Migrant worker groups urge Government for timeline to stop transporting workers in lorries
More than 40 organisations and individuals, including migrant worker welfare groups, are asking the Government for a timeline to ban the use of lorries from ferrying workers and make it compulsory for vehicles transporting people to have passenger seats and seat belts.
This renewed push for safer transport for these workers comes after 37 people - including migrant workers - were injured in two accidents involving lorries last week, according to a joint statement by these groups on Monday.
The statement - which was put up online and sent to Prime Minister Lee Hsien Loong, Acting Transport Minister Chee Hong Tat and Senior Minister of State for Transport Amy Khor - was co-signed by groups and individuals such as the Migrant Workers Centre, the Humanitarian Organisation for Migration Economics, and former NMPs Anthea Ong and Kok Heng Luen.
“While we appreciate efforts from the Government to improve the safety of workers during transportation, these recent tragic incidents have highlighted the continued grave risks posed by transporting migrant workers on lorries,” said the statement.
“Each life lost or major traumatic injury sustained represents a devastating blow to a family and community.”
The groups called on the Ministry of Transport to remove the exception in the Road Traffic Act that allows for workers to be transported in lorries, so that everyone is subject to the same passenger safety rules.
Under that Act, travelling in the back of lorries is banned unless those being ferried are employed by the vehicle owner or hirer. The other exception is in the case of medical emergencies.
Dr Stephanie Chok from migrant worker rights group Transient Workers Count Too (TWC2) called the exception “discriminatory” and “unacceptable”.
“When the lorry brakes suddenly or when there is a collision, workers fall on each other, they may fly from their seats, they may even be flung out of the lorry,” said Dr Chok, a TWC2 exco member.
“When there is equipment on board, this is even more dangerous as it may fall on workers and cause serious injuries.”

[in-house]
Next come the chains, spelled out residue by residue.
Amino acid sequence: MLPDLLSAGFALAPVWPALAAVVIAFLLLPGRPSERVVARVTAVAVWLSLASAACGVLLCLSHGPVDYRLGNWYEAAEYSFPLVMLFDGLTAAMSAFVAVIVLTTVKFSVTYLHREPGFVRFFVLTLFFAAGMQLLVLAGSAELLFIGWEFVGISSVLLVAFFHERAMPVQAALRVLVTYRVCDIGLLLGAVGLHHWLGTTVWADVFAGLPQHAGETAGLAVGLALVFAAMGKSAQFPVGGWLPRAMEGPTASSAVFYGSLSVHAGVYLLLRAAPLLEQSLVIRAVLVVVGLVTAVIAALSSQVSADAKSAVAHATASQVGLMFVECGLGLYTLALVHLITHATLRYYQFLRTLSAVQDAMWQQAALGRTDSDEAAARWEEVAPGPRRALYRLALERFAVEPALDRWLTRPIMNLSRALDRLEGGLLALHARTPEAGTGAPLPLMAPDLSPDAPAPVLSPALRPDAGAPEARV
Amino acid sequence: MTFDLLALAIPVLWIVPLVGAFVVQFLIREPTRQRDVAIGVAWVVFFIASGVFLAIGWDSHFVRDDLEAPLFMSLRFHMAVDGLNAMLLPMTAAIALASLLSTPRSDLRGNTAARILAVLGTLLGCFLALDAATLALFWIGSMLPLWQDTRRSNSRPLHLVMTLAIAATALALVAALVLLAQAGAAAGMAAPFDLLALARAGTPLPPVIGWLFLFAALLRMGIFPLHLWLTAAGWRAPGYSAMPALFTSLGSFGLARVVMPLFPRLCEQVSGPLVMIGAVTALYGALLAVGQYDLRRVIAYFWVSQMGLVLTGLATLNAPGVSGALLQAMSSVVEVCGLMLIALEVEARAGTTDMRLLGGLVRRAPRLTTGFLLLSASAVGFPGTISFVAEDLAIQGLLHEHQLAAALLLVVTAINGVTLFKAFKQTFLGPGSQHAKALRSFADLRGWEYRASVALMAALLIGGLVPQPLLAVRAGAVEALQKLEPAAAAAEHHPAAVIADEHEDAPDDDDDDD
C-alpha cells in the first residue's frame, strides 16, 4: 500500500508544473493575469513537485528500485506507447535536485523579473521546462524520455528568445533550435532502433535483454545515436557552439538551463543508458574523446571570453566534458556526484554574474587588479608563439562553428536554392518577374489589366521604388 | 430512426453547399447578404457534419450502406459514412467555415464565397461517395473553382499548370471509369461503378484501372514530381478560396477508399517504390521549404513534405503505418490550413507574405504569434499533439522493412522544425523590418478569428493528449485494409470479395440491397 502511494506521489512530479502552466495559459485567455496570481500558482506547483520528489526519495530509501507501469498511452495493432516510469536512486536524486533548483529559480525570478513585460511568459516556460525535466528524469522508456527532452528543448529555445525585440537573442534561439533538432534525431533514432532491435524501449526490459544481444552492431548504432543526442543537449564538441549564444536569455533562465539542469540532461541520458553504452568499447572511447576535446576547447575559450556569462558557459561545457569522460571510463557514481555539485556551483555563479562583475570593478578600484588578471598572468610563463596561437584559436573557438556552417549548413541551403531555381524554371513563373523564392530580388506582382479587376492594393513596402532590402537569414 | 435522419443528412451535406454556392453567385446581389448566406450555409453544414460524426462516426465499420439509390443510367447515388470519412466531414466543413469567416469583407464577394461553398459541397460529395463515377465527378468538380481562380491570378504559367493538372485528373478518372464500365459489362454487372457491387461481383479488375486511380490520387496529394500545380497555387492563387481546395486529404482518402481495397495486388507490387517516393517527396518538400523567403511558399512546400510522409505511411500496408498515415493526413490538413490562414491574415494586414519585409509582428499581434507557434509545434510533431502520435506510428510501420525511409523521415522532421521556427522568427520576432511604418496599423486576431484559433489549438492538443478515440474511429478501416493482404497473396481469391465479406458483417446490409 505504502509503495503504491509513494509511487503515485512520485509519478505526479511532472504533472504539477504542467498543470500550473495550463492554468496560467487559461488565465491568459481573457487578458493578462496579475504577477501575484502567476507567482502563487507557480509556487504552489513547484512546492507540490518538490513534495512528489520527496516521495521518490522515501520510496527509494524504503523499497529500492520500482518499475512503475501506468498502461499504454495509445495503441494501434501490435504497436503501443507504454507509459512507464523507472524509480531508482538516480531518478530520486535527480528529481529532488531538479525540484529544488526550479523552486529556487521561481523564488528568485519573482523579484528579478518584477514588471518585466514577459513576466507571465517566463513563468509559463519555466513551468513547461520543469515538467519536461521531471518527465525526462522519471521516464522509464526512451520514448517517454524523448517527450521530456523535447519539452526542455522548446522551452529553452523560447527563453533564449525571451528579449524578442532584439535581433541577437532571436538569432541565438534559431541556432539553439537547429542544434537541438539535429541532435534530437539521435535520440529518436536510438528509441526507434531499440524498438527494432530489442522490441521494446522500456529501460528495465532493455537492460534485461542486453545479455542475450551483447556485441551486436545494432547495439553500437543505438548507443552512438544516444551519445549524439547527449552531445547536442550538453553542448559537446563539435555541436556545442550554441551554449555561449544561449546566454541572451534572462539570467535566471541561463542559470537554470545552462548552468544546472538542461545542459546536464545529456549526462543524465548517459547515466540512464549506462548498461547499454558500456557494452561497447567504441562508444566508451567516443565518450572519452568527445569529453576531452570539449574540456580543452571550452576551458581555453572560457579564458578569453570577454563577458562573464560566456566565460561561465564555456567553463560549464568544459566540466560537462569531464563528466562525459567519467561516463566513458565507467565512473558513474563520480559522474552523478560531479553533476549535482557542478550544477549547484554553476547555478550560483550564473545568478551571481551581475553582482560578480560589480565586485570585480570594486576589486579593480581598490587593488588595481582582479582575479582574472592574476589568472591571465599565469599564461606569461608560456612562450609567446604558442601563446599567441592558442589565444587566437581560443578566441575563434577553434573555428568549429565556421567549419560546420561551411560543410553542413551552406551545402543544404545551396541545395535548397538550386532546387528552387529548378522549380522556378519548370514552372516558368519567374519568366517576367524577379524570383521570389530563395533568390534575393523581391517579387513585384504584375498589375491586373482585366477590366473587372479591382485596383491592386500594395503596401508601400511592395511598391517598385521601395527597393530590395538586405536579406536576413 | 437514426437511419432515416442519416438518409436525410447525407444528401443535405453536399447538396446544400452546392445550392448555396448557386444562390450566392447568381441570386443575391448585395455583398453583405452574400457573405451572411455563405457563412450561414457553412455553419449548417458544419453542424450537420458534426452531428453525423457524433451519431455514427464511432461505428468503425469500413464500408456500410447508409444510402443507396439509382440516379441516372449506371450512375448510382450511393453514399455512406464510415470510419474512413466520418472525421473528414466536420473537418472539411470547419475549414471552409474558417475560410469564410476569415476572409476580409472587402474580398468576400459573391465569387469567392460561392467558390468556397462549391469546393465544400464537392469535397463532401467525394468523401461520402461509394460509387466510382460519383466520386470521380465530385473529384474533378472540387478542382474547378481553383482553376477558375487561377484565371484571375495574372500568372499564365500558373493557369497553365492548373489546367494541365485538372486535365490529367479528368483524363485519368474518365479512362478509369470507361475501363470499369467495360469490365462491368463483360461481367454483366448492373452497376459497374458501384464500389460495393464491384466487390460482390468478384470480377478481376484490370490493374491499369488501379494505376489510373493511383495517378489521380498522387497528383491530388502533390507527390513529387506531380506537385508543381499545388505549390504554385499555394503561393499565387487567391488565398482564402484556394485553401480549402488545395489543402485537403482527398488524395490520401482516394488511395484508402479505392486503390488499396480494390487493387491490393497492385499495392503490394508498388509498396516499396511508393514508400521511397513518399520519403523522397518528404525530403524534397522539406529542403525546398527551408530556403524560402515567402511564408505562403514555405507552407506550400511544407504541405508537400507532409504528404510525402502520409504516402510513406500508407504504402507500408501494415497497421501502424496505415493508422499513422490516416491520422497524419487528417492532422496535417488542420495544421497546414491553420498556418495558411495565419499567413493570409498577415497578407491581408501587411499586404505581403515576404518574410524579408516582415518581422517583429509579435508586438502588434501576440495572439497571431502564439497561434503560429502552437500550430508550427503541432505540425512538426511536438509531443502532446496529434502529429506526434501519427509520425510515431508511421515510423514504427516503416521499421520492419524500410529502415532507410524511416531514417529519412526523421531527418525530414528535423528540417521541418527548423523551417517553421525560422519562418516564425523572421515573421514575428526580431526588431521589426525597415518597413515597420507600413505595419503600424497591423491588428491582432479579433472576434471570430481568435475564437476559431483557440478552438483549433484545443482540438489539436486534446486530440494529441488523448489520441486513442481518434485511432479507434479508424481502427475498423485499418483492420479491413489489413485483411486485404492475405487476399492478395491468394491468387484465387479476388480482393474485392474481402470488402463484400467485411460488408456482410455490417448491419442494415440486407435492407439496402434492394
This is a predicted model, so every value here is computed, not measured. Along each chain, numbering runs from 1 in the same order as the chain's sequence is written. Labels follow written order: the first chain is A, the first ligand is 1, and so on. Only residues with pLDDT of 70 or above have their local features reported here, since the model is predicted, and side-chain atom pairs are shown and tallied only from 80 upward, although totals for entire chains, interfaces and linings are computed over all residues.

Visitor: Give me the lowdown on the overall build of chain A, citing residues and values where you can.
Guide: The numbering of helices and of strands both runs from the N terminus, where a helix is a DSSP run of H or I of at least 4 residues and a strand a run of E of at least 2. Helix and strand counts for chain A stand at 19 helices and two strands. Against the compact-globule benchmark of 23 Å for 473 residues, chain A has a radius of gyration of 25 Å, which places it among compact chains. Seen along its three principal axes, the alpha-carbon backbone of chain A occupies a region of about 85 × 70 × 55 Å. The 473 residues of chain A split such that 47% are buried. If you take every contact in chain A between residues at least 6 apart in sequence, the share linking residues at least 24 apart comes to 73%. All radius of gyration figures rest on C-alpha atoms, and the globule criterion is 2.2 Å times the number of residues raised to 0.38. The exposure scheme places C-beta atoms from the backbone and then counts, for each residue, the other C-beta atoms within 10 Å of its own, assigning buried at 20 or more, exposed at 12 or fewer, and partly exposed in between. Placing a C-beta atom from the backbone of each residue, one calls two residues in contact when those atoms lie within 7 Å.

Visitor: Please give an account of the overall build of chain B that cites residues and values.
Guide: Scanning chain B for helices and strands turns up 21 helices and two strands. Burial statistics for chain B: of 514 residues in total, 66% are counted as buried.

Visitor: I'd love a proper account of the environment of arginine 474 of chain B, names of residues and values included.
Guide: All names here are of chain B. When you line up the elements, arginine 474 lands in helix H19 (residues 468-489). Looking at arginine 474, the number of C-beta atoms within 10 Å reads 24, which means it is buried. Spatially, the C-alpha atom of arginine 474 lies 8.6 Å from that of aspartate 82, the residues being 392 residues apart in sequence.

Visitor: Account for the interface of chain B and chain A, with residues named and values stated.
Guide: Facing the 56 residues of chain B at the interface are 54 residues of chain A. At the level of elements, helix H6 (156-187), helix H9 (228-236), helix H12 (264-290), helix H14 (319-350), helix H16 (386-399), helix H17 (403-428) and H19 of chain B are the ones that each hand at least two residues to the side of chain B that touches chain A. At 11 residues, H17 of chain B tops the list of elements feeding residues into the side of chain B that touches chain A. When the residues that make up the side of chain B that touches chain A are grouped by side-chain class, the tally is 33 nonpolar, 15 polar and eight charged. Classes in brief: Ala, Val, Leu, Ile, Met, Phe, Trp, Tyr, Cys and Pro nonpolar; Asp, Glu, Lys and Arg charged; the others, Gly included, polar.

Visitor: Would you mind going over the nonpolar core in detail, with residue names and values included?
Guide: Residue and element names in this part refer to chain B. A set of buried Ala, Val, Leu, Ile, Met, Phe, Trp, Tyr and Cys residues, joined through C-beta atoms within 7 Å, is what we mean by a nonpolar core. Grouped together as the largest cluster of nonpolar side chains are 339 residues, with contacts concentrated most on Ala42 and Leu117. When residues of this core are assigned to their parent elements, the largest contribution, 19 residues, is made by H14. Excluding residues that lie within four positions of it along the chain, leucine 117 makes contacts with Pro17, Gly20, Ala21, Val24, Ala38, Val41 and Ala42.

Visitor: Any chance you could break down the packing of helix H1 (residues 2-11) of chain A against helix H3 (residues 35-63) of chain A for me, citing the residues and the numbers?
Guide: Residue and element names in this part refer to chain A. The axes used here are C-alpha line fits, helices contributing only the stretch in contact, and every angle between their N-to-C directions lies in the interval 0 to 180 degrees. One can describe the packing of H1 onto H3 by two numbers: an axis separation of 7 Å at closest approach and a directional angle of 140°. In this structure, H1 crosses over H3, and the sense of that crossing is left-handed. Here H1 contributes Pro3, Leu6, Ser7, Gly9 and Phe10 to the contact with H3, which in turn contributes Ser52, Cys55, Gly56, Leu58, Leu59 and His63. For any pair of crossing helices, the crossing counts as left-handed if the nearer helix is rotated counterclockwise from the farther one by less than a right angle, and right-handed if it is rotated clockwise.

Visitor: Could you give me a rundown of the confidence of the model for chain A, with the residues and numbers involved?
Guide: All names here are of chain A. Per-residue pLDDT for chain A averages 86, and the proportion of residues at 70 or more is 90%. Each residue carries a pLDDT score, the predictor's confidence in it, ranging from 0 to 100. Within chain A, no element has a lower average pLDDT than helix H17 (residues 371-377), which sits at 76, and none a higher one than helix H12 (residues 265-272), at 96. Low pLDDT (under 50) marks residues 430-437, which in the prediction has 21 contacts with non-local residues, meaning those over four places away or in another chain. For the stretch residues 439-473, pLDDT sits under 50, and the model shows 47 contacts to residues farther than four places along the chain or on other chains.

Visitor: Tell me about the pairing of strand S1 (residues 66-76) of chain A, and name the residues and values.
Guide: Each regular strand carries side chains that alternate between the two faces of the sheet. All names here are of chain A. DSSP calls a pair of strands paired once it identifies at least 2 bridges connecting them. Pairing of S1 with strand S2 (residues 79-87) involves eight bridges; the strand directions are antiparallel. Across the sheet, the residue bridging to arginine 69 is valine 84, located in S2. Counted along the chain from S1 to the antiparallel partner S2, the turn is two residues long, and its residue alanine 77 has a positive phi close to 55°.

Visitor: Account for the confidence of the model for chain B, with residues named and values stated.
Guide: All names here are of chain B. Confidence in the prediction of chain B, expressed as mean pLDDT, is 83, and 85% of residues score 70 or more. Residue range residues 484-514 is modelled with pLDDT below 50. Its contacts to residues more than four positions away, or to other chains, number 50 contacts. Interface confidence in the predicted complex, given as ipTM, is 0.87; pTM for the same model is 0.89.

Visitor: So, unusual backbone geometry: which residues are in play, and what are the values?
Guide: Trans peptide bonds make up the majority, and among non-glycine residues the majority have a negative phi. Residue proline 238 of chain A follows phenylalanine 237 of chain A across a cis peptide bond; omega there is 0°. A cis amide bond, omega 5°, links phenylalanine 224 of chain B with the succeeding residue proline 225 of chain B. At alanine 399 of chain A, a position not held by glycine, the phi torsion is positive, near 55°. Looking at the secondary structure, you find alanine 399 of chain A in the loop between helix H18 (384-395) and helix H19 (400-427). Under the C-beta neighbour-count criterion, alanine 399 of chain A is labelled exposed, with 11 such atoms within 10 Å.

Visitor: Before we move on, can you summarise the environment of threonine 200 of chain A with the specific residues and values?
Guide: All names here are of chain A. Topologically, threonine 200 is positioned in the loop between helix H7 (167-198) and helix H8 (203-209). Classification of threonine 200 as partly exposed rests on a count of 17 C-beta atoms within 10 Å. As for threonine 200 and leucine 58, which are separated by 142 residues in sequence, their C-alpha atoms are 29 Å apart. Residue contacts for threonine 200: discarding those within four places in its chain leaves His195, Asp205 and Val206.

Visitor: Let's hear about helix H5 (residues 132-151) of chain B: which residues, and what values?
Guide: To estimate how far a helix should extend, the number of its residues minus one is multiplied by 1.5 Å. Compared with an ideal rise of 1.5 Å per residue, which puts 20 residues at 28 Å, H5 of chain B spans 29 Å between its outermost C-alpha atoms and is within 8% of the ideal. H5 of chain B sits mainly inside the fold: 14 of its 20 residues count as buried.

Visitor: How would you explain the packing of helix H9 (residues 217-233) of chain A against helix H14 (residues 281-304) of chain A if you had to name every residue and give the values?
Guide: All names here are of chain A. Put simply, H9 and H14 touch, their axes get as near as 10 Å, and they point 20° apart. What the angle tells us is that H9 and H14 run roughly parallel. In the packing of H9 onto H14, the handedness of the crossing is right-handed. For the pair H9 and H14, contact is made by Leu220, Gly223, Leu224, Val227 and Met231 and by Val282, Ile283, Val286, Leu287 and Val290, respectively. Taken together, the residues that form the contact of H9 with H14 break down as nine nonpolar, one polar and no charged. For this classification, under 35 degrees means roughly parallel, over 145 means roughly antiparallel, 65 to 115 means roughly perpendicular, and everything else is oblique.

She added: “What we are asking for here is parity, not special treatment.”
New rules to improve the well-being of workers kicked in on Jan 1, which includes making it compulsory for all lorries to have rain covers, and for workers who double as lorry drivers to have at least 30 minutes of rest before driving, if they have worked six or more hours on-site.
While such rules are “strong steps forward” and address real concerns on the ground, they do not address the root cause of accidents, said the statement.
The groups said the lack of proper restraints such as seat belts increases the risk of injuries during collisions or abrupt stops, and added that the original equipment manufacturers of lorries have stated that lorries are not designed to carry passengers.
“Our workers deserve to be transported safely, as their contributions are integral to Singapore’s growth and prosperity, and their lives and continued employment are essential to their families,” said the statement.
The push for safer transport for migrant workers has been a long-standing topic of discussion and has been raised by Members of Parliament (MPs) for more than two decades.
In 2000, then-Nominated MP Gerard Ee asked if the Government would consider a ban. In 2021, the matter was brought into the spotlight after two workers died and more than were 30 injured after four lorry accidents that year.
Earlier this month, Mr Louis Ng (Nee Soon GRC) renewed a call in Parliament for the ban, suggesting that the authorities plot a road map to achieve this and implement other safety measures in the interim.
In response, Senior Minister of State for Transport Amy Khor said the Government is equally concerned about improving the safety of worker transport, but added that a ban without considering ground-level concerns is not a realistic solution, as the practice of ferrying workers in lorries cuts across industries and companies of varying sizes.
Dr Khor added then that a wider shift to mandating the use of buses will likely exacerbate an existing shortage of bus drivers, and will be challenging for smaller enterprises to employ full-time drivers.
Earlier this year, The Straits Times reported that private bus operators are struggling with a shortage of bus drivers, with many not being able to re-hire workers they laid off during the early stages of the Covid-19 pandemic, with several schools and travel agencies being affected by the shortfall.
Reception to switching from lorries to buses for ferrying workers has been lukewarm, too. Construction companies ST spoke to in 2021 said the option was not realistic, and would increase the cost per worker by as much as 80 per cent.
While acknowledging the extra costs in switching from lorries to buses, Dr Chok said there is “no morally defensible reason to continue this practice”, and that there is a need to commit to a timeline and direct resources to make the switch in the future, if human lives are indeed valued.
“Right now, workers safety and lives are treated as an externality, but these factors must be costed into the business model of hiring and transporting workers because human lives matter,” said Dr Chok.